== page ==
'Captain Marvel' Among Films Receiving California Tax Incentives
The state has allocated $68 million in tax incentives in the latest round of the program.
Marvel Studios’ Captain Marvel, in which Brie Larson is set to star, is among the latest group of feature films selected to receive tax credits under California’s Film and Television Tax Credit Program 2.0.
Captain Marvel is one of three big-budget films — the other two being Midway, a movie about the World War II battle that Roland Emmerich is directing, and a Paramount project listed as Island Plaza — that will benefit under the latest round of tax credits, announced Monday, which will allocate nearly $68 million to eight independent and studio productions.
A total of 92 projects had applied for tax credits under the first film allocation period (held June 27-July 8) for the third fiscal year of California’s expanded film incentive program.
The program made a particular point of touting the big-budget films, noting that the previous round of allocations included three other big-budget pics, including Disney's A Wrinkle in Time. Projects with budgets of more than $75 million were ineligible under the state's first tax credit program, but now that it has been expanded to what's called Program 2.0, incentives are open to films of any budget, though credits apply to the first $100 million in qualified in-state expenditures.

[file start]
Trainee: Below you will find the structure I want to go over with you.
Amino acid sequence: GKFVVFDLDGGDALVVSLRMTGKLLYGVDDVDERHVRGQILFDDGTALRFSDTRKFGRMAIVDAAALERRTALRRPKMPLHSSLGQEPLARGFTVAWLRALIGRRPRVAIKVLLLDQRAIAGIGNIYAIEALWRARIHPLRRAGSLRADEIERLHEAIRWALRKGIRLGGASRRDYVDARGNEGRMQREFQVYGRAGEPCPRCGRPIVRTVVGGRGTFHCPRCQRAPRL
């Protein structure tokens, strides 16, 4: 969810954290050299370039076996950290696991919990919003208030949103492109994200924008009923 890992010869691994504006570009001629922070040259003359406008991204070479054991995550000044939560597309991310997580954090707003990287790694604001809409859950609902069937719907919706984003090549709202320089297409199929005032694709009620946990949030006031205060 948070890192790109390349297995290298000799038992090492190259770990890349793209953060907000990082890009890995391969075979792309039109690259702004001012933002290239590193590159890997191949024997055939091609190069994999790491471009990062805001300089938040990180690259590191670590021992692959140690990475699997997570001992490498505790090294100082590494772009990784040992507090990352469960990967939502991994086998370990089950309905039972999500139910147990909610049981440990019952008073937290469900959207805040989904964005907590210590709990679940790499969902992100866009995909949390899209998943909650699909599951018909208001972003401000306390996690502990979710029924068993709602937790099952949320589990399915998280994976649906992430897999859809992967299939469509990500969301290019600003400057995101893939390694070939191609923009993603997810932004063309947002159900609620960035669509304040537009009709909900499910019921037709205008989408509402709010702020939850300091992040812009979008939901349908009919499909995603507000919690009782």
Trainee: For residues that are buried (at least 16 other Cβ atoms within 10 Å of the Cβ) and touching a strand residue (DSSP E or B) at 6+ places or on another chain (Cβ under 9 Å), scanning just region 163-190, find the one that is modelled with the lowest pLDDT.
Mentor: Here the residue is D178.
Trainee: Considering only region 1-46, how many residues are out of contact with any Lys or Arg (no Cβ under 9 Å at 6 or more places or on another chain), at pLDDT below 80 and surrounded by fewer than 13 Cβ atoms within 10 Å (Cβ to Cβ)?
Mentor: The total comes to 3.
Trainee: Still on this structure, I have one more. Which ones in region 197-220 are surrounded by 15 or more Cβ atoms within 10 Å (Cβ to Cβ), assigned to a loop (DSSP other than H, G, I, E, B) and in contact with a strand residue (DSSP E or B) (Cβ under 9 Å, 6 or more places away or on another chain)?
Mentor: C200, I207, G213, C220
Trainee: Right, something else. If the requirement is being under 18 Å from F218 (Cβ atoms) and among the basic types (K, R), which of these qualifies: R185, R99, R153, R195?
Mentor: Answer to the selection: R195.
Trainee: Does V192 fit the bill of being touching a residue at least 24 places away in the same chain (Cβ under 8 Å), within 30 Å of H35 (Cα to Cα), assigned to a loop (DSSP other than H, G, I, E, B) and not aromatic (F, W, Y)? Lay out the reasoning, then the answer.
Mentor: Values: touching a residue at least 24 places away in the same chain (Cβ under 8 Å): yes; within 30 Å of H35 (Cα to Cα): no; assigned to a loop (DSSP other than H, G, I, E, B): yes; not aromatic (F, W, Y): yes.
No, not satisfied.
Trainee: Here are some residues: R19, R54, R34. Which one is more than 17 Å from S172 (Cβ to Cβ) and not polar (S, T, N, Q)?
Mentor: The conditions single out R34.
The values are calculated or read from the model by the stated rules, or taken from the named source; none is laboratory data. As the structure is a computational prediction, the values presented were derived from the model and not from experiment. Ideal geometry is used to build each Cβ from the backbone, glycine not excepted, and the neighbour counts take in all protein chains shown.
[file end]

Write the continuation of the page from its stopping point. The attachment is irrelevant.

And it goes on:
Captain Marvel will be the first Marvel film shot primarily in California, as many of the studio's other films have been filmed in Georgia, as well as Australia and England.
As part of the announcement, Marvel Studios co-president Louis D'Esposito commented: "Our headquarters and postproduction facilities are in California, so it's very exciting to be able to film Captain Marvel here in our home state thanks to this California tax credit. As a result, not only will we be able to streamline our production process for this and other films we're working on concurrently, but we'll have more time to spend with our families."
Midway plans to film in Alameda County, taking advantage of Bay Area locations.
"With the three we've added today, a total of six big-budget films have been lured to California thanks to Program 2.0," noted California Film Commission executive director Amy Lemisch. "Such films are a primary target for the tax credit program because they can bring significant jobs and spending to regions across the state."
Other projects included in the latest round of tax credits include Happytime Murders, directed by Brian Henson and starring Melissa McCarthy, and Cheney, starring Christian Bale, Amy Adams and Steve Carell.
The state predicts that the eight film projects announced Monday will employ more than 2,600 in cast and crew and generate nearly $385 million in qualified spending (defined as wages to below-the-line workers and payments for equipment and vendors). Four of the eight projects plan to shoot partially outside of Los Angeles' 30-Mile Zone, adding to their impact throughout the state.